As technological advances lead to new materials, methods, and opportunities, Johns Hopkins engineers find themselves grappling with limitless possibilities and unexpected challenges.
For thousands suffering from Parkinson’s disease, an advance in biomedical engineering known as deep brain stimulation appears to be a godsend. The procedure uses an electrode inserted into the brain to help calm Parkinson’s often debilitating tremors. “There are striking images of people who’ve received the procedure,” says Murray Sachs, recently retired director of Biomedical Engineering. “The tremor goes away like that ,” he says, snapping his fingers.
But it’s also, potentially, something far less beneficial. Deep brain stimulation works by exciting the dopanergic regions of the basal ganglia, where neurons are dying. “If you can stimulate the dopanergic region, you can stimulate anything ,” explains Sachs. “What if it causes psychological changes? What if it causes learning problems? At what point do you pull the stimulation?” These aren’t just hypothetical questions for Sachs. He himself suffers from Parkinson’s.
The ability to control a person’s behavior via an electrode could be both a wonderful cure and a potentially horrible crime, he points out.
“This is a problem,” Sachs says. “It’s not in the future. It’s right now.”
WE LIVE IN AN AGE when technological advances occur with lightning swiftness. But there’s a crucial element over which technological strides have sometimes leapfrogged. Though A Question of Ethics it’s not as obviously critical to engineers as stress tolerances or reactive properties, the role of ethics—the analysis of right and wrong and the gray area in between—is just as vital.
“Engineers are supposed to be building things to make life better,” notes Allan Bjerkaas, associate dean for Engineering and Applied Science Programs for Professionals (EPP). “In our society now, where we are building things that could have unexpected impacts on our lives, we need to think clearly about how to do that safely.”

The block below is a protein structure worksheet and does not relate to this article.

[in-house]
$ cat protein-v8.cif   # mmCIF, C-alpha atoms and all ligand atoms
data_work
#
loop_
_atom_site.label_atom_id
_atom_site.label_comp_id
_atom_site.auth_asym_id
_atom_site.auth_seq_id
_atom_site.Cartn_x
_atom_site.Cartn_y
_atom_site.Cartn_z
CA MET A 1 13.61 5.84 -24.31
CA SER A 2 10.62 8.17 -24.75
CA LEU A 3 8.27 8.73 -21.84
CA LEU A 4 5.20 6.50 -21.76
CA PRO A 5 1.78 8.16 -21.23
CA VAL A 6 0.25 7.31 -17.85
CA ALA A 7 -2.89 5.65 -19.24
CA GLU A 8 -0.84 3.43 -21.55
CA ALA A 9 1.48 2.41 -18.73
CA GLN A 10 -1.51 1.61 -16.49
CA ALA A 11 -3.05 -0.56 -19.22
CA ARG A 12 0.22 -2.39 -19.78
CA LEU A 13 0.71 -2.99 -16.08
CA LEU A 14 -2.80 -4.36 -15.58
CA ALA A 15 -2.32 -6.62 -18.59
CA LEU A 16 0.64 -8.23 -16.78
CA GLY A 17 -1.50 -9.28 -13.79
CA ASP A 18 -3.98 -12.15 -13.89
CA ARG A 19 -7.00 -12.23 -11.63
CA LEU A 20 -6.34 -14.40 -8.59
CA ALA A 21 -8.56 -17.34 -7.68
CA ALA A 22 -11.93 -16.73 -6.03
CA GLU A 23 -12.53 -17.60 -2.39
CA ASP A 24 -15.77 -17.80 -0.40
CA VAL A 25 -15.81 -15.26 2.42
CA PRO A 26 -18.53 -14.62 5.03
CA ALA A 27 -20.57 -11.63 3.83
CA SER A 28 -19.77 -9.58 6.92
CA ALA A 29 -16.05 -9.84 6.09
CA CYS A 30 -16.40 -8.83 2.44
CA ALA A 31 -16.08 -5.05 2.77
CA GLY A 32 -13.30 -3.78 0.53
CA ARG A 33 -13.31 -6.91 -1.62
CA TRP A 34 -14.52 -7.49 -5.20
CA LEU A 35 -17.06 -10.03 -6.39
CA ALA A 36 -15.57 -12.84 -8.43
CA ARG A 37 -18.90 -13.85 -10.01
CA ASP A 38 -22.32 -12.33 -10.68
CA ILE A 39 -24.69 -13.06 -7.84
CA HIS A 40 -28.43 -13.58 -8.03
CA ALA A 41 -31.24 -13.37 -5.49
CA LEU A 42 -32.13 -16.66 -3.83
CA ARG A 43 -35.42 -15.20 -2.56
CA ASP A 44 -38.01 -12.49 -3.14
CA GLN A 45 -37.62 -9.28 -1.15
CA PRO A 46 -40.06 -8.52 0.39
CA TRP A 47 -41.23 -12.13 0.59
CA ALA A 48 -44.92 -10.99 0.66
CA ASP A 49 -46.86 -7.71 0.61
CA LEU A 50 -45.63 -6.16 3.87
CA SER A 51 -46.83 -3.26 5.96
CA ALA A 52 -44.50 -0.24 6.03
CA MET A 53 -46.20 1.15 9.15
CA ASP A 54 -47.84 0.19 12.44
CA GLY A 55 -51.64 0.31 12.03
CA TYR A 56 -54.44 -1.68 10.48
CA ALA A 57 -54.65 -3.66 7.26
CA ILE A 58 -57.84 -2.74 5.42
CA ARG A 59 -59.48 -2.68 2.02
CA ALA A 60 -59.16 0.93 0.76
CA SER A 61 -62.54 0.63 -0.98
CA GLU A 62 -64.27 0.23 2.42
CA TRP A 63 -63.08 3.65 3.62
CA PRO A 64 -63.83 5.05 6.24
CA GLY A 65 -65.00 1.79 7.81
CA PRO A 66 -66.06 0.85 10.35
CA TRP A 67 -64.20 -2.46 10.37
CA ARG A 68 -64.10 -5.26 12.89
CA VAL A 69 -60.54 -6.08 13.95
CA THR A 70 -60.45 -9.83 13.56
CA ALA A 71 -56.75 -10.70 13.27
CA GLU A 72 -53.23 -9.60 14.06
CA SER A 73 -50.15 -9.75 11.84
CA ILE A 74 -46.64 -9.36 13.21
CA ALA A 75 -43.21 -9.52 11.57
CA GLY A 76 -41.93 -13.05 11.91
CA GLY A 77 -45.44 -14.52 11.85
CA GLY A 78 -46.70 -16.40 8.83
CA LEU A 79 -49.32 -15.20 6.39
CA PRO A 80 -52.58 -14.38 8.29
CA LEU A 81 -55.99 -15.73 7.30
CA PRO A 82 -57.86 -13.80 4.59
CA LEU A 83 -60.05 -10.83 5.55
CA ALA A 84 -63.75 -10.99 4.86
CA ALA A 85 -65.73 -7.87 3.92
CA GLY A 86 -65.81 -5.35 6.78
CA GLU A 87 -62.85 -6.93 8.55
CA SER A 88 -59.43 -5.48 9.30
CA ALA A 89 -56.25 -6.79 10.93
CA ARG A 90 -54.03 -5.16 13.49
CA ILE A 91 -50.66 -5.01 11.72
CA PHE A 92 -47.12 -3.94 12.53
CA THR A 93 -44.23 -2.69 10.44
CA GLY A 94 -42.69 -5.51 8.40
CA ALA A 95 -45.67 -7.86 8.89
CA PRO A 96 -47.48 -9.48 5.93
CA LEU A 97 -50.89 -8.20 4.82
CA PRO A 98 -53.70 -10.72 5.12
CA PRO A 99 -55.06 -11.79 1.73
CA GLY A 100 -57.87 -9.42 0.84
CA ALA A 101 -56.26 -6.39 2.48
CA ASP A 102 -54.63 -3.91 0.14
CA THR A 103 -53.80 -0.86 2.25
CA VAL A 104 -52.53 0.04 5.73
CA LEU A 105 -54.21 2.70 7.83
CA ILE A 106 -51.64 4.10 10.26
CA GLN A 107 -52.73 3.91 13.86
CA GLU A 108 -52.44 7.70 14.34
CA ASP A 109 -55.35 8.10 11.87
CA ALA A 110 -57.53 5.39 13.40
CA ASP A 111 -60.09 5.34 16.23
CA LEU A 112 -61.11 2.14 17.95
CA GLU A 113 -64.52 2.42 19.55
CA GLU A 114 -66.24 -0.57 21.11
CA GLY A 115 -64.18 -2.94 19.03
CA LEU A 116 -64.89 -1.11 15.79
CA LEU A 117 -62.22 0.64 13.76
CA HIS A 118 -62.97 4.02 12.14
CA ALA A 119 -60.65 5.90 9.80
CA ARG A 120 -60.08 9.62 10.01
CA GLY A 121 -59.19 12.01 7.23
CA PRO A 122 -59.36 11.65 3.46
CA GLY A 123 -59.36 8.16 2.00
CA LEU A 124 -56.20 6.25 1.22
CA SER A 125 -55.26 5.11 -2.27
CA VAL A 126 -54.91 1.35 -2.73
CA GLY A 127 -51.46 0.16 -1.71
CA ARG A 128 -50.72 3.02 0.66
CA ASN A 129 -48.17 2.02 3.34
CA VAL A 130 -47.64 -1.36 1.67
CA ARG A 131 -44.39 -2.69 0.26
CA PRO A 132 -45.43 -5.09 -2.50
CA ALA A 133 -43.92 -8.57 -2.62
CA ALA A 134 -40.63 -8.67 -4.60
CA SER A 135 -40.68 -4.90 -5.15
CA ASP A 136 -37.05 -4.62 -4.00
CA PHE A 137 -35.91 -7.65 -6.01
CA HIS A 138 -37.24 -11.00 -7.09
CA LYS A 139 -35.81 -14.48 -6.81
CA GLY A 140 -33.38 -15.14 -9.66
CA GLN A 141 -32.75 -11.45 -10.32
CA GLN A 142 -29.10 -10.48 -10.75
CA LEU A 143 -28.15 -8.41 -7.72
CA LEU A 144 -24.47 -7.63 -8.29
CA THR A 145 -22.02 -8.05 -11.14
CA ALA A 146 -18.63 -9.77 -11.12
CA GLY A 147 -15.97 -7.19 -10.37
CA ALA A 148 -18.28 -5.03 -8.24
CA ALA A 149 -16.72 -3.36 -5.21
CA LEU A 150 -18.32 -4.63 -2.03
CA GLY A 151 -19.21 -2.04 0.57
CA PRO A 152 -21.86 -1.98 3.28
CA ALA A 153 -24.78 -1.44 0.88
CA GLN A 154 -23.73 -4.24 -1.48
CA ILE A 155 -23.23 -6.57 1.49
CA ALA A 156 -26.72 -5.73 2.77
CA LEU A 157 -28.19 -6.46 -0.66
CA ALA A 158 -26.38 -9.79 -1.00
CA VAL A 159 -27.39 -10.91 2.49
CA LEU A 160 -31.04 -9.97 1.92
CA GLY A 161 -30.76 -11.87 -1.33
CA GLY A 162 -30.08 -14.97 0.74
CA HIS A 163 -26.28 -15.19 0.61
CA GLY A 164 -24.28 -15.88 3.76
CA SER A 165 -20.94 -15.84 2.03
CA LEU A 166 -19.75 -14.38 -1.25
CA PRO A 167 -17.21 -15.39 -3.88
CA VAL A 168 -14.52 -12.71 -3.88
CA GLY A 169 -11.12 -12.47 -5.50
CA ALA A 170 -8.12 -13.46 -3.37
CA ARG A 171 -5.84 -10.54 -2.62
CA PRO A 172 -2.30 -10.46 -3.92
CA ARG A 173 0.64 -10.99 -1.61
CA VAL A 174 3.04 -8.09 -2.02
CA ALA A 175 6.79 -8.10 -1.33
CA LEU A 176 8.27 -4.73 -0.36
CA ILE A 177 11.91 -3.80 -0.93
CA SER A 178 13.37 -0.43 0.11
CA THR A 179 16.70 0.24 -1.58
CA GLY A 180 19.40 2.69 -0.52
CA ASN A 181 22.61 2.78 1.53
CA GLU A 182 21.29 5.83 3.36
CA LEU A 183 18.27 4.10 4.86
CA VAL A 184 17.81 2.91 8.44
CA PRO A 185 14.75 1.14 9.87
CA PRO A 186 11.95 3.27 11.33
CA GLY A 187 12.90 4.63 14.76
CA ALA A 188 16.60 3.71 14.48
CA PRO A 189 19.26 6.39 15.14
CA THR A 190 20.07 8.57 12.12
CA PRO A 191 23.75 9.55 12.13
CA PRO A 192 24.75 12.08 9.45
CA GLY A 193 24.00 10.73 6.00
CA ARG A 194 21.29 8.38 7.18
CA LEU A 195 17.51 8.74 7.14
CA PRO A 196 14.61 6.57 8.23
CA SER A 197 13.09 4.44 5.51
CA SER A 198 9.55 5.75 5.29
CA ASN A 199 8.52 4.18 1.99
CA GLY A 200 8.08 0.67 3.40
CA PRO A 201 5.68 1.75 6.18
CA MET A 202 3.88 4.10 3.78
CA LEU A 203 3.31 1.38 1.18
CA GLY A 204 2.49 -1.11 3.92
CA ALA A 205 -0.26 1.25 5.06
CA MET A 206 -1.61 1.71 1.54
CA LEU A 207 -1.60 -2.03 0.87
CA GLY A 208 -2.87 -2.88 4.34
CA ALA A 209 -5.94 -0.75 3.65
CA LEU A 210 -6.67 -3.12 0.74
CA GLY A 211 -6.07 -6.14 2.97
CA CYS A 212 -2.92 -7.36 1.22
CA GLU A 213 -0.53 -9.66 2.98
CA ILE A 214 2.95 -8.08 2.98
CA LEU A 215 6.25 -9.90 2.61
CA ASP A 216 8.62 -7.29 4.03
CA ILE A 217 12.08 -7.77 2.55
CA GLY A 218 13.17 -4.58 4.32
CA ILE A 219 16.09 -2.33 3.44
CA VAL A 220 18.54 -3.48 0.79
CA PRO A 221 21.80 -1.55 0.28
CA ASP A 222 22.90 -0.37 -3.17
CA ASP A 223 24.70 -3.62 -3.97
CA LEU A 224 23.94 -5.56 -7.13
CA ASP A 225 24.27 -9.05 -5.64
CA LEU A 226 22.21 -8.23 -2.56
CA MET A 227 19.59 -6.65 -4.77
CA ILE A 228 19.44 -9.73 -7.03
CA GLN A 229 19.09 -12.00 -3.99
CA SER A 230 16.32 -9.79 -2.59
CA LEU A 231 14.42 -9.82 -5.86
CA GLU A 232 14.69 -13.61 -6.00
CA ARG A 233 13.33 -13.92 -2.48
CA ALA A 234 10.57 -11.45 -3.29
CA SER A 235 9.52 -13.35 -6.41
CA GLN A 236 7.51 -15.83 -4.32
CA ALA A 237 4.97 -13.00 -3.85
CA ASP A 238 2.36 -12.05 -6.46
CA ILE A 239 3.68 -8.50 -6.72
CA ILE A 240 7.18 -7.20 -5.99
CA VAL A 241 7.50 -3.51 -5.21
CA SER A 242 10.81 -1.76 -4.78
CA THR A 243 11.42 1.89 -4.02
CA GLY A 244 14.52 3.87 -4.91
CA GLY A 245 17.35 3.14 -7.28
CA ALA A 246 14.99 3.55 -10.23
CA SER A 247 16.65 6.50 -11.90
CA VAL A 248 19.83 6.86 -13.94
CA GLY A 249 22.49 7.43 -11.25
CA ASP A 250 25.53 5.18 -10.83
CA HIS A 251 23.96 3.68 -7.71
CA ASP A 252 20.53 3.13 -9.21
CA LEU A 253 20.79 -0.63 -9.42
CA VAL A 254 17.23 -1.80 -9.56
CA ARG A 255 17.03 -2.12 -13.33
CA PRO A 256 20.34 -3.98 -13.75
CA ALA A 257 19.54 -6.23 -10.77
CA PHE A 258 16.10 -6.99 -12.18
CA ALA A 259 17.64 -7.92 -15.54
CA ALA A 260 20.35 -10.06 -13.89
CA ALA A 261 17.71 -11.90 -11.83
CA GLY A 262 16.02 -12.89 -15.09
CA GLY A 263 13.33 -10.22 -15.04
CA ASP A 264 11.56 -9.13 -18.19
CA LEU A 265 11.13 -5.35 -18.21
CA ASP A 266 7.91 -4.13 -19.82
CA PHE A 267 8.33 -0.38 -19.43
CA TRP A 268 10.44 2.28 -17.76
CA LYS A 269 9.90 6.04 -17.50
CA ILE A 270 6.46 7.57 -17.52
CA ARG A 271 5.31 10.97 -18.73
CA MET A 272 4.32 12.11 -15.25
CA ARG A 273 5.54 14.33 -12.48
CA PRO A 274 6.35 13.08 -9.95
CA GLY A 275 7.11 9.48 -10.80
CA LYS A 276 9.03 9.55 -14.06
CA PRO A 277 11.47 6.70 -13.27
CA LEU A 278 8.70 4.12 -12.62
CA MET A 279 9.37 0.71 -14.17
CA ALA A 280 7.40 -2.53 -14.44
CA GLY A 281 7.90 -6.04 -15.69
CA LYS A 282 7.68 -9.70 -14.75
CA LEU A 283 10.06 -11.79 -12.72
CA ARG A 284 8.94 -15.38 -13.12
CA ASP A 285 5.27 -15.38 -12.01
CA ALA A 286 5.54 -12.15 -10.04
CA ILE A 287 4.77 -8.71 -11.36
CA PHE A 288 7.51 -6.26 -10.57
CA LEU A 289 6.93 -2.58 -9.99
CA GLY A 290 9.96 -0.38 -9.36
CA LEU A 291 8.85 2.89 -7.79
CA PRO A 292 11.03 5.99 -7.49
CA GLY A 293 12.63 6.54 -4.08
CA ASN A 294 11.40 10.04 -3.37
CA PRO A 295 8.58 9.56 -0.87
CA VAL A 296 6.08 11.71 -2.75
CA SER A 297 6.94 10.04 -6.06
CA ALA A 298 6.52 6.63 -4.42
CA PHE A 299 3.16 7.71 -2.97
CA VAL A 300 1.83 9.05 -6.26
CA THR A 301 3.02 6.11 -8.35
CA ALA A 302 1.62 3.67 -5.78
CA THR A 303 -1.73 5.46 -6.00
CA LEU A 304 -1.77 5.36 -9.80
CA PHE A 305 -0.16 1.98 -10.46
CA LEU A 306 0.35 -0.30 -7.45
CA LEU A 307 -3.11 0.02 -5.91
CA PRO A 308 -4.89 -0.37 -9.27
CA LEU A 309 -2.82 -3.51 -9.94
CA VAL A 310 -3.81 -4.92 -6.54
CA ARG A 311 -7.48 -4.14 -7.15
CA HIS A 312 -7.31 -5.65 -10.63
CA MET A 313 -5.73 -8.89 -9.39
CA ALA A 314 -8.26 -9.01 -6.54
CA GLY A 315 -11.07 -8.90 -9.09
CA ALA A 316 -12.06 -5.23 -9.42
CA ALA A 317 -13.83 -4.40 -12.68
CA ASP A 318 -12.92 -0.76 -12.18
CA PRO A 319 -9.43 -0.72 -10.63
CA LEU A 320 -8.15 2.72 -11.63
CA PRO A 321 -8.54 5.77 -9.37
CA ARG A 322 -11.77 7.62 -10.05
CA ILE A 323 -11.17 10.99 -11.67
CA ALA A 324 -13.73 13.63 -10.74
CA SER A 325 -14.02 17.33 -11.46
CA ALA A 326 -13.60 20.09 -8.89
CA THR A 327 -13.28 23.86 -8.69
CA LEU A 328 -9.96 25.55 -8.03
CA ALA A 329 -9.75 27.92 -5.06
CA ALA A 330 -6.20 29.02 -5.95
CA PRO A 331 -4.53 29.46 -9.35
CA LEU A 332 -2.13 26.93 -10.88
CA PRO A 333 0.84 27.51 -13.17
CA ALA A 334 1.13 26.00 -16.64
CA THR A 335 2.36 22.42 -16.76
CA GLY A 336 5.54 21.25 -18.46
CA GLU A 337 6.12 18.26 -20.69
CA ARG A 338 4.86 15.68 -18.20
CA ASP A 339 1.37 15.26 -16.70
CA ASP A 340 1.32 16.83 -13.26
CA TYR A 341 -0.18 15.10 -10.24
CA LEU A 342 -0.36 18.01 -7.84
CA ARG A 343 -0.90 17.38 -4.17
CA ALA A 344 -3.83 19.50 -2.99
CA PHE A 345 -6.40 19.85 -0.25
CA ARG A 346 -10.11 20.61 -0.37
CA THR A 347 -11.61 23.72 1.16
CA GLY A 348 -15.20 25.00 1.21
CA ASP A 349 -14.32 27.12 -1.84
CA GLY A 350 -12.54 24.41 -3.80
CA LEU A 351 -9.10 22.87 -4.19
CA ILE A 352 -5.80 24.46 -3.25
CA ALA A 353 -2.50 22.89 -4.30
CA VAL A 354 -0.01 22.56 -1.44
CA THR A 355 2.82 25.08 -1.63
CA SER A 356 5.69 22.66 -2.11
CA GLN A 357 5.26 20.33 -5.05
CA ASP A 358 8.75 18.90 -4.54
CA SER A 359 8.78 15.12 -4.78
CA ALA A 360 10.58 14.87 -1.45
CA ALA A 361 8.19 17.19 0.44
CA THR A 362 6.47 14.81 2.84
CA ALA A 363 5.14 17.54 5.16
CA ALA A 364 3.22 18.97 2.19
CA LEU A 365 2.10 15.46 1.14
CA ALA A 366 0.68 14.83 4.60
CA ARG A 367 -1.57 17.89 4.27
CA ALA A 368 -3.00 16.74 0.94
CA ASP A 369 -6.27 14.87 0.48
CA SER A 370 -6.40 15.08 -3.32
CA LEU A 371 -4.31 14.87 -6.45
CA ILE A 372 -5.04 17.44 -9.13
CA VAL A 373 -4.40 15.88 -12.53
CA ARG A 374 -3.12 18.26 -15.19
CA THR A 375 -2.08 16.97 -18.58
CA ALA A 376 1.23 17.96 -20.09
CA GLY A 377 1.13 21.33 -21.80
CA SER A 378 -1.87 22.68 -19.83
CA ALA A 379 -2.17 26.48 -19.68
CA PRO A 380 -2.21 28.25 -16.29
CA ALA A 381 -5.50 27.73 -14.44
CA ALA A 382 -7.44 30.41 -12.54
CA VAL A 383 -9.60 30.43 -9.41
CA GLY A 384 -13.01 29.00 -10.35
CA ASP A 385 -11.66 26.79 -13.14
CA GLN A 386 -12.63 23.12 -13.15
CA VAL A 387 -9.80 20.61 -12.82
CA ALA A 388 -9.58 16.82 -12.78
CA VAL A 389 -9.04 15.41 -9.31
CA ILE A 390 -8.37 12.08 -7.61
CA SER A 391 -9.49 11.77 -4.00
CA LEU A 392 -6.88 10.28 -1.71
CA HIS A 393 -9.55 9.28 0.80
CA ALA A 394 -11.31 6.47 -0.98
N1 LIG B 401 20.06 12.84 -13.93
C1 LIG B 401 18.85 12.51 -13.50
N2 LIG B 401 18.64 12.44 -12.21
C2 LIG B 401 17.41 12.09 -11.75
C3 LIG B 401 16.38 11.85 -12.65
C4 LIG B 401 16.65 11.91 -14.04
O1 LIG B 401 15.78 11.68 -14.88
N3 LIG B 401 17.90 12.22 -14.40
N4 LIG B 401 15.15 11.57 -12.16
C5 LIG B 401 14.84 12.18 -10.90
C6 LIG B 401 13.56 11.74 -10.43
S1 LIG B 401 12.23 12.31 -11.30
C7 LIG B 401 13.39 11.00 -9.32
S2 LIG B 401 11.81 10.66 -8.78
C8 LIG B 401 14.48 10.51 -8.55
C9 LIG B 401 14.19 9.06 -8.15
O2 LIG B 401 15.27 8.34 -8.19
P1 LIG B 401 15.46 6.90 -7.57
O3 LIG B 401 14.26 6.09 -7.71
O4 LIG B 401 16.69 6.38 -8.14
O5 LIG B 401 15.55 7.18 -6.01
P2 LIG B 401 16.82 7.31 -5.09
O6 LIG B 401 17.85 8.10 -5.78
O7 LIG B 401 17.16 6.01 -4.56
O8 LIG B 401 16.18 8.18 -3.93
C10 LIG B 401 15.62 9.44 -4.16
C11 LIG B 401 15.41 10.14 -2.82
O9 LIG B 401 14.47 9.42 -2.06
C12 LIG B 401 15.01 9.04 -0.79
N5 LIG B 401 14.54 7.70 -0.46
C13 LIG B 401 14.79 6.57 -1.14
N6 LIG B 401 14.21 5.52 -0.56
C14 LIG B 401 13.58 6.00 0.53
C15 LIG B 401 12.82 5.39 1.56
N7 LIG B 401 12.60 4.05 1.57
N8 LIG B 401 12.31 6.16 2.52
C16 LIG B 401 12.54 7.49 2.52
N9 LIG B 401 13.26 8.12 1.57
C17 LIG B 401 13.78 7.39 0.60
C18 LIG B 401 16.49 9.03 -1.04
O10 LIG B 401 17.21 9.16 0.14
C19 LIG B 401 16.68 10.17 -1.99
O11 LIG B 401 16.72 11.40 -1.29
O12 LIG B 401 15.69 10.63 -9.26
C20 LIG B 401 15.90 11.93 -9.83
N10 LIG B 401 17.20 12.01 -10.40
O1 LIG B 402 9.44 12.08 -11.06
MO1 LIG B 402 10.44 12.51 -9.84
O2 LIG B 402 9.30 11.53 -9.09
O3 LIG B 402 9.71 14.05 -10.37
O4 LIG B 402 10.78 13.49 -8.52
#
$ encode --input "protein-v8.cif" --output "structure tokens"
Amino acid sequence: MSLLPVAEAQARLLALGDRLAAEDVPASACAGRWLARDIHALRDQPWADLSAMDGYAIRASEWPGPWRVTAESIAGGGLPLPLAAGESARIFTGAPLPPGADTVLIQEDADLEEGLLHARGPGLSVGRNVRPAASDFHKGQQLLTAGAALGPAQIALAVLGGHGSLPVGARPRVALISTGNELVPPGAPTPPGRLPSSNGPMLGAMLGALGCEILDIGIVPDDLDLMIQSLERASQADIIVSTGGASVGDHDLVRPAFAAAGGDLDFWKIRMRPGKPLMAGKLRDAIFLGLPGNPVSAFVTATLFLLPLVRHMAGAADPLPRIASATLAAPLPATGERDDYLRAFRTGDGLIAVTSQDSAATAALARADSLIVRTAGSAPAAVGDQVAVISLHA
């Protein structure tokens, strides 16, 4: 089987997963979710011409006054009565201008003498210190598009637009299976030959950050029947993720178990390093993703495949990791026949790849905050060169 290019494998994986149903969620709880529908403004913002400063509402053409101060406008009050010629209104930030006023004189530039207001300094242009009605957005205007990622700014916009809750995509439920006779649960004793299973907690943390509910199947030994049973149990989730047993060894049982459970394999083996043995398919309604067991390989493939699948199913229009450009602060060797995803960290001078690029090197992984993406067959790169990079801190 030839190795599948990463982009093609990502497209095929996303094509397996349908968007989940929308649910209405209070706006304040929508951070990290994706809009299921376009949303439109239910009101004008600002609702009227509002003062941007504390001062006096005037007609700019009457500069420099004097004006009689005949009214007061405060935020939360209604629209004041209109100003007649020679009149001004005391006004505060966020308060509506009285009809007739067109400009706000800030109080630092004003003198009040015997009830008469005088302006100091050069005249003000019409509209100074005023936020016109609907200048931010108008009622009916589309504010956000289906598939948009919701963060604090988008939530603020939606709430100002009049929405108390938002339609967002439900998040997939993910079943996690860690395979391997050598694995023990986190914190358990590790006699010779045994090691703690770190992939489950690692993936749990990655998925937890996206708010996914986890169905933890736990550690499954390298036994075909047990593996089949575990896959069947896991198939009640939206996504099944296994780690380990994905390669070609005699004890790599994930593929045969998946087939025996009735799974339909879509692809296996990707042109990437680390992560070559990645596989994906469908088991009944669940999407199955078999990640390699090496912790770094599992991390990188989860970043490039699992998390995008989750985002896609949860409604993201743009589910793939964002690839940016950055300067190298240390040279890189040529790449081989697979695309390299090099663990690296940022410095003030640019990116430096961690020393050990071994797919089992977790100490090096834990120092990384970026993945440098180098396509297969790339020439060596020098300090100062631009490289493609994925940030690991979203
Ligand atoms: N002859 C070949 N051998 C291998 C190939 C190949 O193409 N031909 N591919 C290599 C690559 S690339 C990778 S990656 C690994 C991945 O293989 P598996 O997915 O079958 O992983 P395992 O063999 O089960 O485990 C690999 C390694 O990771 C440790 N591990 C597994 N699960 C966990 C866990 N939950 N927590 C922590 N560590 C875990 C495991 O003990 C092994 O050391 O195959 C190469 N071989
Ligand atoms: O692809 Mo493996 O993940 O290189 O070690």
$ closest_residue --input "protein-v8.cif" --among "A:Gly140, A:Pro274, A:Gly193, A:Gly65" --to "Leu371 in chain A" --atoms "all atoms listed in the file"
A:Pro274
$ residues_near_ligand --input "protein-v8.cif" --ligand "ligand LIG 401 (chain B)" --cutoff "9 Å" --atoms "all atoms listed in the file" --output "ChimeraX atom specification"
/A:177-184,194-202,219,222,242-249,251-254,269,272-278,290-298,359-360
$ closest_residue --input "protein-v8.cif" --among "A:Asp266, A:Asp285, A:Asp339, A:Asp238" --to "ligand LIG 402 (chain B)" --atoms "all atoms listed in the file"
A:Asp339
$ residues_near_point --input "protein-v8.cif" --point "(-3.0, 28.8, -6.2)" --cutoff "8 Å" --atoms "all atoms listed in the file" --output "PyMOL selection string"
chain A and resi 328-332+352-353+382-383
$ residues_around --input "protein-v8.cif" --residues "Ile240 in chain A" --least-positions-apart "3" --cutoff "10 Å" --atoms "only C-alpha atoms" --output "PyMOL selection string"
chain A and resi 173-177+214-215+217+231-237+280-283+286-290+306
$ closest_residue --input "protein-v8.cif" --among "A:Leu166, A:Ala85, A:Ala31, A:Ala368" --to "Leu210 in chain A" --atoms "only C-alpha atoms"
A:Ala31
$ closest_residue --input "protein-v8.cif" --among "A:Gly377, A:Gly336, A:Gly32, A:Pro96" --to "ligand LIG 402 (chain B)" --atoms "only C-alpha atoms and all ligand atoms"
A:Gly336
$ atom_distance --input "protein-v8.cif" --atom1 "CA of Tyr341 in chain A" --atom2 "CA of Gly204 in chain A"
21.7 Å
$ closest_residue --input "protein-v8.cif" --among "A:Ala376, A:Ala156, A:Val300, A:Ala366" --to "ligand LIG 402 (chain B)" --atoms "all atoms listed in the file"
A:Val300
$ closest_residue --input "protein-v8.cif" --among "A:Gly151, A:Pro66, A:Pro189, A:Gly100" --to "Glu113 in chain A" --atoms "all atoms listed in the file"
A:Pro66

Ethical dilemmas are hardly new to the field of engineering. One need only look back to the waning years of World War II, when a small group of engineers found themselves with an ethical question of unparalleled import: “Should we build and detonate an atomic bomb?” That fateful technological leap—in which the science predicted and developed by physicists was put into real-world practice marked the beginning of the modern era of engineering ethics. “There is a shadow over engineers that says, ‘You don’t pay enough attention to social and moral issues,’” says Sachs. “For 16 years, my colleague Eric Young and I had Friday dinners with our wives and four children. When those children were younger, most of the dinners would be spent with them accusing us of being perpetuators of the atomic bomb.” He pauses, then adds, “Interestingly, two of those kids ended up as scientists.”
In the years since the advent of the atomic bomb, ethical oversights within engineering— whether deliberate, or compounded by negligence and lack of communication—have proved fatal, often casting a pall on the profession’s public image that has taken years to restore. The Ford Pinto’s fiery design flaw of the 1970s. The 1981 Kansas City Hyatt/ Regency walkway failure. The 1986 space shuttle Challenger explosion. The 2007 Interstate 35 bridge collapse in Minnesota.